Sometime you feel proud of something. Of the results of your work and other achievements. Proud of your country if it made to one of the finals of the World Cup. And sometimes of the place where I live. We as local Groningen people feel often be mistrusted by people who live in the more populated areas. As this a place full of peasants or something and there is nothing to do over here.
And then you are really proud on your city when one of your streets gets chosen as best shopping street of all other streets in Holland! I have to pass through the street often on my bike. I like the vibe over there, because there are all small boutiques and quitte a range of kind of shops.
The name of the street is Folkingestraat.
Folkingestraat in Groningen is chosen as best street in Holland in 2015. Folkingestraat is a busy and populair shopping street because it runs between Groningen Main station/Groningen Museum and the Vismarkt square in the city centre. And it’s one of the oldest streets in Groningen. Until WO II the street was the centre of the jewish community in Groningen. The street has a pleasant mix of shops: boutiques, galleries, restaurants, a sex shop, etc.
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The traces of its jewish history and the vibrancy of today make the street one of the most special streets in Groningen. The Grand Synagogue still guards the entrance of the street. The building has an appearance of a mosque. This was the common idea of the christian architects on jewish traditional style building design round 1900. It should have a middle eastern look. The Hebrew text above the entrance is from the Thora and says: “Blessed shalt thou be when thou comest in, and blessed shalt thou be when thou goest out.” The building has beatiful stain glass windows and a great interior. When there is the possibility to look inside, do it! Check the official synagogue website.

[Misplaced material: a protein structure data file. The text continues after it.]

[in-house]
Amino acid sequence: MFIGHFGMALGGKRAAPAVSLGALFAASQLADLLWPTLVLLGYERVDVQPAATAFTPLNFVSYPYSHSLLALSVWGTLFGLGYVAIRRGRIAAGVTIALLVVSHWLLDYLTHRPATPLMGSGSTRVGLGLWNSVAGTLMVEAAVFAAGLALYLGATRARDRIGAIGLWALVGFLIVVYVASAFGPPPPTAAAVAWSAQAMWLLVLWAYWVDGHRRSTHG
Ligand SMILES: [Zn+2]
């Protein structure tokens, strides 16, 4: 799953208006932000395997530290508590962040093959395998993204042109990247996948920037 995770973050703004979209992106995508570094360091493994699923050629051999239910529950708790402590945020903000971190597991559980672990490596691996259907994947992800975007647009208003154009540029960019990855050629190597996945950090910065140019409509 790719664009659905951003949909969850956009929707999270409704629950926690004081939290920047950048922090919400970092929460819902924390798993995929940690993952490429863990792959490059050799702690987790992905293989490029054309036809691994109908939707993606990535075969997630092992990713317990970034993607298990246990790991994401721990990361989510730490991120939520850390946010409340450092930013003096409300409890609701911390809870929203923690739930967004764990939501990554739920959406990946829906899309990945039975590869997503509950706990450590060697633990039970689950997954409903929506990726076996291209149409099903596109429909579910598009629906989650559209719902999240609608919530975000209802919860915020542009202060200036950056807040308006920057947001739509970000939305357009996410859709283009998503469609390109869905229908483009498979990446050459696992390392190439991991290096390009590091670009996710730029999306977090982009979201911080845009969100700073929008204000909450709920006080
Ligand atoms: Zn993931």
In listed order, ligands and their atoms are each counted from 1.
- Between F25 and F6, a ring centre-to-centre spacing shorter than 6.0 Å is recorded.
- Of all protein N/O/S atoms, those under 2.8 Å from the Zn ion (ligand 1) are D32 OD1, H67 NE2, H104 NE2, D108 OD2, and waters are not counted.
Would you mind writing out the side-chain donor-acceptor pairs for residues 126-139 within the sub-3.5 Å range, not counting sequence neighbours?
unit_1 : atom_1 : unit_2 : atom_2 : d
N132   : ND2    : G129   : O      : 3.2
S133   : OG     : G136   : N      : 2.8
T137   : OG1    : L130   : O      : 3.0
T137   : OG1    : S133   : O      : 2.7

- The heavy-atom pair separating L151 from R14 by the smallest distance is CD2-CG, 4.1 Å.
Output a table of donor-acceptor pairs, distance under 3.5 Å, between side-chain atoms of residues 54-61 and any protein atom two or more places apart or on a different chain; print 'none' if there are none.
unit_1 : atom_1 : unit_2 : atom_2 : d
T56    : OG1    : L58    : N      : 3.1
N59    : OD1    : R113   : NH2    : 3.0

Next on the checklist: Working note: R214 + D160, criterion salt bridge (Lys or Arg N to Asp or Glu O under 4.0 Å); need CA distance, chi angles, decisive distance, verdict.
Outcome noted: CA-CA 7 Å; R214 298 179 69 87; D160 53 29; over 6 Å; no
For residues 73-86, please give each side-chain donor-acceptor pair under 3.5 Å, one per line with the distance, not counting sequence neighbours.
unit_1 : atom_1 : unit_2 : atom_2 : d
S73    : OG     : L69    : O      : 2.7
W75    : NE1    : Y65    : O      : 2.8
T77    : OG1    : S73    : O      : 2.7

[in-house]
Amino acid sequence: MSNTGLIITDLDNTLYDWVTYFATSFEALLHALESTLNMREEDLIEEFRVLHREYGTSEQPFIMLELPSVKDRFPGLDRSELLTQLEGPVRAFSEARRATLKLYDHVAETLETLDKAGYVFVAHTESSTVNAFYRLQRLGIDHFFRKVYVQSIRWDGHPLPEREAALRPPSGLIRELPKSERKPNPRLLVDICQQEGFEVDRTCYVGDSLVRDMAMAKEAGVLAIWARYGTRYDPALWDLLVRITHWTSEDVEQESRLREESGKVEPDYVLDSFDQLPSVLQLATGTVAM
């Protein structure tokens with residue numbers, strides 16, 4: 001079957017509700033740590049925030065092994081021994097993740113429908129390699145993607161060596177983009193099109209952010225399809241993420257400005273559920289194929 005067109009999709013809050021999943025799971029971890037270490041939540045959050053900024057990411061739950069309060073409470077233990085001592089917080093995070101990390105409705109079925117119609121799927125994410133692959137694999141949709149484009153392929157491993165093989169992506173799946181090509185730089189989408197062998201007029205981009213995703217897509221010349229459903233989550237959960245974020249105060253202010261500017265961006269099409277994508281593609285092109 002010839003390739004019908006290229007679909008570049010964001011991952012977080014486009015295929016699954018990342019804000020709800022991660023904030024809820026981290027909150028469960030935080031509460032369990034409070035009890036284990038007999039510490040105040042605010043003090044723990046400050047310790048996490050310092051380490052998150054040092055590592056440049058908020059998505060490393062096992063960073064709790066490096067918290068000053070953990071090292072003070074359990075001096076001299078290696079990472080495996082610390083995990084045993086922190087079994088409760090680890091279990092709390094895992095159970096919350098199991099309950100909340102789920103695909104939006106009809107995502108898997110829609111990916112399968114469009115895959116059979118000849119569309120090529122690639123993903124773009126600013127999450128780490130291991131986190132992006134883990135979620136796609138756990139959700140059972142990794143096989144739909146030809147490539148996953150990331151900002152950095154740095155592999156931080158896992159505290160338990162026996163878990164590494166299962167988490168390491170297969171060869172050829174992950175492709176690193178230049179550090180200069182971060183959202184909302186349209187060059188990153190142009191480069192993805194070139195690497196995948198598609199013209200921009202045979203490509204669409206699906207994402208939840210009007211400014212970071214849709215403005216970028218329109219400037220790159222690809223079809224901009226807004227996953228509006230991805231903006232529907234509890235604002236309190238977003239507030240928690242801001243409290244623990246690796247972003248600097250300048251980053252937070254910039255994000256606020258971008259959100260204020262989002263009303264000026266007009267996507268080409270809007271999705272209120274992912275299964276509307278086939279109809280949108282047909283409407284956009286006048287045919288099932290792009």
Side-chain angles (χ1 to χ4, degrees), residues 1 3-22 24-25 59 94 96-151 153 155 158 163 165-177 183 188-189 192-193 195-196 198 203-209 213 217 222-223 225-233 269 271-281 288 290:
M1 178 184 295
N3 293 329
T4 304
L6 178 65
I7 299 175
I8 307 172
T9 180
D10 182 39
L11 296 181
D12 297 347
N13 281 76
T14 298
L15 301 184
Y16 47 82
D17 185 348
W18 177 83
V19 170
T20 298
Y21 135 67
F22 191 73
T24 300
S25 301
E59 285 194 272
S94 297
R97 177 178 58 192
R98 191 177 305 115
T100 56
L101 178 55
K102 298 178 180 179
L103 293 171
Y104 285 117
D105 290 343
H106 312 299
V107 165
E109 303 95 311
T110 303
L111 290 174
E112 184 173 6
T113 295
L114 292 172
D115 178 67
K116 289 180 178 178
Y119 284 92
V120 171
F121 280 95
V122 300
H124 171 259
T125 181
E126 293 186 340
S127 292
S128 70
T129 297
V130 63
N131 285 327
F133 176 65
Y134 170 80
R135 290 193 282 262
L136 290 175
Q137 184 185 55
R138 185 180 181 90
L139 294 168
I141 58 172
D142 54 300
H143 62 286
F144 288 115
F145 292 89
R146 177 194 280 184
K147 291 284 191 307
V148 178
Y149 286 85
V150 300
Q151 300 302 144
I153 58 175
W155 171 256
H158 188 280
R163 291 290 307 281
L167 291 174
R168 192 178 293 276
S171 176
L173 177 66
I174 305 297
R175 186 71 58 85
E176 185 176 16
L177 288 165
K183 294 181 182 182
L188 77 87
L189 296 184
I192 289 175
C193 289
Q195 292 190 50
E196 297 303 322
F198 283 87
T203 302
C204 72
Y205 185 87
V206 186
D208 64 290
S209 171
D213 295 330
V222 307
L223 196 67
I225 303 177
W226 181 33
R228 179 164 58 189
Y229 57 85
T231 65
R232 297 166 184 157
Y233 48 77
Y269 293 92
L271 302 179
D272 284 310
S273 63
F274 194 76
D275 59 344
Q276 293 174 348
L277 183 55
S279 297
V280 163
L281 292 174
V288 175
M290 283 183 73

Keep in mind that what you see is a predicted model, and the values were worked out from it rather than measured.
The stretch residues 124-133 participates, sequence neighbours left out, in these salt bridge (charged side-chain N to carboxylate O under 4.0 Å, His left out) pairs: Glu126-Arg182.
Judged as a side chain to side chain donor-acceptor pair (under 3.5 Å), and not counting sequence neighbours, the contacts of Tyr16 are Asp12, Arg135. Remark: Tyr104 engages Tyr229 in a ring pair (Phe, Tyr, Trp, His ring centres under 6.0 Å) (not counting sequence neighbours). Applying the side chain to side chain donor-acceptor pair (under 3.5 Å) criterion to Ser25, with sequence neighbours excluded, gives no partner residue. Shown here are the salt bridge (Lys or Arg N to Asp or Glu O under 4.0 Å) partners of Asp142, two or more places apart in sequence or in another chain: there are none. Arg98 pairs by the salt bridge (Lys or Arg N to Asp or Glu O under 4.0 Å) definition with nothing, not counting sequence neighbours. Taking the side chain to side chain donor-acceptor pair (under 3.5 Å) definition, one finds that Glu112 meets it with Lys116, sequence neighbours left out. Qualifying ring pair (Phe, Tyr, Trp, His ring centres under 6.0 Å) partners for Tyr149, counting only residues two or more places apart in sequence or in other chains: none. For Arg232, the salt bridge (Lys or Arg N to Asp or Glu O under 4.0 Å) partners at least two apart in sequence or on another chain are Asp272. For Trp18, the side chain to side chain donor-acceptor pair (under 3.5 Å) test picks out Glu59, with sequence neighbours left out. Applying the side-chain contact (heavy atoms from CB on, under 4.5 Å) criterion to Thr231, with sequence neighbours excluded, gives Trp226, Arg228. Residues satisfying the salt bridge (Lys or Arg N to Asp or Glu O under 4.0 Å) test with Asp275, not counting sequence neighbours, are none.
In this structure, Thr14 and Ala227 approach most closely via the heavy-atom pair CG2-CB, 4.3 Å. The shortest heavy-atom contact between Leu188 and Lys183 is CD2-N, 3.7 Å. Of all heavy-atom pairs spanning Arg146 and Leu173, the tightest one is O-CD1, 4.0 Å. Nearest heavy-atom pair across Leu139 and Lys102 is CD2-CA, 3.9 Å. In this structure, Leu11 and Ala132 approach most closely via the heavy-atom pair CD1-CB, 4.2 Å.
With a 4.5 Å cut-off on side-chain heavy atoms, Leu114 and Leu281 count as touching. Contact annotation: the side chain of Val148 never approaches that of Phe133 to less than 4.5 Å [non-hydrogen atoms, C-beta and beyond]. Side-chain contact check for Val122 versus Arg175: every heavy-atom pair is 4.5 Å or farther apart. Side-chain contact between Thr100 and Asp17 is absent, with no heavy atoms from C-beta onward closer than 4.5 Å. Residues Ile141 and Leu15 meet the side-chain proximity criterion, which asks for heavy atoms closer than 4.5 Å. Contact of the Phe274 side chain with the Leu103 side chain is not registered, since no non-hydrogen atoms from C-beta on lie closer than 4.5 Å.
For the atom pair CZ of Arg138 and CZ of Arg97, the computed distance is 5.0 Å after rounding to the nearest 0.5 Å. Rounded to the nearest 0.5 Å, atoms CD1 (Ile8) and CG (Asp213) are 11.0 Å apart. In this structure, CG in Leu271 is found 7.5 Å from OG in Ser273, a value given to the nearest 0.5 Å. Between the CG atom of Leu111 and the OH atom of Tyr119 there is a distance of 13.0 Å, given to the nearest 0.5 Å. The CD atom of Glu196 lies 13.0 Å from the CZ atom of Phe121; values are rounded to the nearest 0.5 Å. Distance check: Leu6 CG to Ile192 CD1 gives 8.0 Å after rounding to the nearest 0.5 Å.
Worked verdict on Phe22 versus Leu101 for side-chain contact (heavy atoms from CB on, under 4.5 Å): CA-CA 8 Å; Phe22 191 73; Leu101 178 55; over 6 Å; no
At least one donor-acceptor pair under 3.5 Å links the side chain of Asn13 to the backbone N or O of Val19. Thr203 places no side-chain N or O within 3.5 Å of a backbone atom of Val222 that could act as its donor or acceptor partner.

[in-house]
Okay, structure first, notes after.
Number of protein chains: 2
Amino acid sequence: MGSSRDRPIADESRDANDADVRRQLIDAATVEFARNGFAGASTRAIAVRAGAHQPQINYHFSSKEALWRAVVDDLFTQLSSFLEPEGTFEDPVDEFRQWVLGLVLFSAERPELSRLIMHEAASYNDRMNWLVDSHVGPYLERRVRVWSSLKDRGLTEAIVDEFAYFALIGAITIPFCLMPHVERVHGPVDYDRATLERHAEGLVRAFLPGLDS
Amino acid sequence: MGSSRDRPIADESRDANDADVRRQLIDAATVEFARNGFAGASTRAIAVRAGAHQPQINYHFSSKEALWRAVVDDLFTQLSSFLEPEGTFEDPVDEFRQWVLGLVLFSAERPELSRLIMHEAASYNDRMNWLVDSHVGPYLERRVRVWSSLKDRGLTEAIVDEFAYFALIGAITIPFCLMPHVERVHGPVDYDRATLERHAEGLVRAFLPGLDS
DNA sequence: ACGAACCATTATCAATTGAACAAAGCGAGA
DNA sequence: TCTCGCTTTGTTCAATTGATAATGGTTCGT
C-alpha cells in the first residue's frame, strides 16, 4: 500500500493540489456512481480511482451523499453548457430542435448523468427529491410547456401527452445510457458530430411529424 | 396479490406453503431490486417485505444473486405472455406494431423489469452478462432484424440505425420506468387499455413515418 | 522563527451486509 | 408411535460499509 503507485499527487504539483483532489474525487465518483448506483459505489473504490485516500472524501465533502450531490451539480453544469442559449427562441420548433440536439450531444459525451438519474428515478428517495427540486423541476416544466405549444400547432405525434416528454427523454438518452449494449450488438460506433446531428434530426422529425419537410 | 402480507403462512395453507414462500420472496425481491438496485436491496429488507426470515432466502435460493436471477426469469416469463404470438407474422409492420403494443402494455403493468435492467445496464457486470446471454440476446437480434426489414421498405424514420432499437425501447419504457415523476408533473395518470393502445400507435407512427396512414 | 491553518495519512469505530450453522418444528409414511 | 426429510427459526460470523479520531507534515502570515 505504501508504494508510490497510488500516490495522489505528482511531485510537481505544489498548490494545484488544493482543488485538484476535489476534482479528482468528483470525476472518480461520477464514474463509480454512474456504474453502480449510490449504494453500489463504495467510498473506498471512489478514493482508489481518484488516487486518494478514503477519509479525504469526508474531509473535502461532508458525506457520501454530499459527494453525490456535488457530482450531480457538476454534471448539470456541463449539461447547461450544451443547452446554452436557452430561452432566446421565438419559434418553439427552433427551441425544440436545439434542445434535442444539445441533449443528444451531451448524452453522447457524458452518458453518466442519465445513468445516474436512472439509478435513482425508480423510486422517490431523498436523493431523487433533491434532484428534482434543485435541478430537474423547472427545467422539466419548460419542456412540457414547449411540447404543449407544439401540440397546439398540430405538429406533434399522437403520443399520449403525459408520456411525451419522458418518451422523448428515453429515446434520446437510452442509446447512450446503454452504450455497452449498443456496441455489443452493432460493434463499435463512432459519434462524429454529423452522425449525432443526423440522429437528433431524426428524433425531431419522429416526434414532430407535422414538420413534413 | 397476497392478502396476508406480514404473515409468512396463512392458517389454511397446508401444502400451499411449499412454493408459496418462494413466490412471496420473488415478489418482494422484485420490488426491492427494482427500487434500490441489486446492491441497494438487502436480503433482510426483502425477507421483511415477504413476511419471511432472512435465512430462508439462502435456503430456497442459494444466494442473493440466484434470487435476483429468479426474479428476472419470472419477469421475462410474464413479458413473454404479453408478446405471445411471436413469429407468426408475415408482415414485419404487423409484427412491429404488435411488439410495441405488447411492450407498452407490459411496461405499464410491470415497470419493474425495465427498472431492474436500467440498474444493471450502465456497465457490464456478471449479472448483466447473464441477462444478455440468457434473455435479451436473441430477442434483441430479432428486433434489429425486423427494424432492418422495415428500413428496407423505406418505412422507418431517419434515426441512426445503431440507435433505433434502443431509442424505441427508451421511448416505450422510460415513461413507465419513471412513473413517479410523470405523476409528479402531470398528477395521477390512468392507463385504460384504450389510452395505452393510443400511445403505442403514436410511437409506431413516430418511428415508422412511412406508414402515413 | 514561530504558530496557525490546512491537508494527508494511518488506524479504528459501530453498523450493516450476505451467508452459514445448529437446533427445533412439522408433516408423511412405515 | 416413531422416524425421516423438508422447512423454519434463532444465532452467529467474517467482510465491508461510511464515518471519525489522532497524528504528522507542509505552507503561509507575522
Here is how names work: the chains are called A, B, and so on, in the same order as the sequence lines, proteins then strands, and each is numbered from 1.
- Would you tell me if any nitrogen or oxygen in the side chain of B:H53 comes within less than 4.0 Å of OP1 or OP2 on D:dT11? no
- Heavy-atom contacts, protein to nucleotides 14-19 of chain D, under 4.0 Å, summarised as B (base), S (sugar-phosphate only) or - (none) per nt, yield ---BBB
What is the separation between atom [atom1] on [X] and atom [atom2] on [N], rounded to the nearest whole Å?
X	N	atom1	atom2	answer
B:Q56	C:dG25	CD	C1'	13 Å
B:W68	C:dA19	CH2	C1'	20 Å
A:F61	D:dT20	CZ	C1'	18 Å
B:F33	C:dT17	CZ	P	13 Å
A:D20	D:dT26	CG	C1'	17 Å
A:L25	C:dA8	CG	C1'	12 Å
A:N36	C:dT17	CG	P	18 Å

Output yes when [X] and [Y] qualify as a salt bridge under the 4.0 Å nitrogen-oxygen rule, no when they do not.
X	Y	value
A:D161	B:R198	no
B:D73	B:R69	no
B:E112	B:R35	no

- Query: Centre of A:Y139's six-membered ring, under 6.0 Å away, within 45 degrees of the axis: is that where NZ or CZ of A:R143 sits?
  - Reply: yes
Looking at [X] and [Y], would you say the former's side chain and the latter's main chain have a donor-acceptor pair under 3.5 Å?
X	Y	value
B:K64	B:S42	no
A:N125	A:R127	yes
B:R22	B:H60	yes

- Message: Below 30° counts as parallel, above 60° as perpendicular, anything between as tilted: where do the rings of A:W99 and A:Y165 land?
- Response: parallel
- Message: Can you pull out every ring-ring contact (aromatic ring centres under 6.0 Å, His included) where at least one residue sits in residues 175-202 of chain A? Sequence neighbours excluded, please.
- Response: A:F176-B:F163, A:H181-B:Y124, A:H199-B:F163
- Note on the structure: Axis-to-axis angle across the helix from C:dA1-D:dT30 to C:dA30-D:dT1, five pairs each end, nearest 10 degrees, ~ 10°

More refers to the jewish history of Folkingestraat. House number 26 is the former jewish school. Five works of art make great and also sad tribute to the almost totally destructed jewish community which was centeren in the street. Called Depicted Past, saying the cultural jewish life that used to be can only be imagined. These are:
Portal. Opposite the synagogue there is a door without a handle. It looks it’s a wooden door, but it is made of bronze. The door symbolizes the closed history of jewish life. What is behind the door cannot be re-opened, as no-one has returned to tell of bygone days.
The precut horse. Before WOII a horse butcher riseded on number 23. Horses were brought to the backside of the building before being slaughtered by passing a quitte narrow alleyway. Wooden stakes of the door are worn by the bellies of the horses, which still visible. On the left side of number 23 the artist of the work portrayed the back of a horse, divided in the various pieces of meat.
Galgal hamazalot. The shapes of the moon on the pavement: the moon growing from new moon to full moon back to new moon. Symbol for the cycle of life. When put together the shapes form an eye: the eye that has seen what has happened.
Here too. The word ‘weggehaald, removed’ has been removed from the bricks on side wall top of number 9b.
No title. Pictures of 19th century life in Folkingestraat with coloured dots to remember the joyful jewish life. The pictures hang next to the doors of number 10 and 20.
Today the street is the best street in the Holland. Probably because most of the shops are all independent and do not belong to store chains. And it certainly the variation of shops. Some tips for having a look:
Go for real good Italian ice to Toscana’s ice bar. Have your hair or beard cut at De Zwarte Raaf barber shop. Go for North Afrikan and Arabic food to Le Souk. From vegetables, to pastries and salads. Mostly fresh. Check the entrance of the building. Or have a look at Folk Store. Take your lunch at BAQ Café. For the best fries in town go to Frietwinkel.
The streets ends at the Vismarkt Square. Here stands the former grain exchange which fullfills still its task as supermarket. Have a look inside this neoclassical building and especially the roof. On the corner is public house Huis De Beurs. Which was a notorious porn cinema in the 60s and 70s. Today it is also used as party venue for student associations. On good days the pub keeper brings out his piano. Anyone who would like to play this piano is invited to play.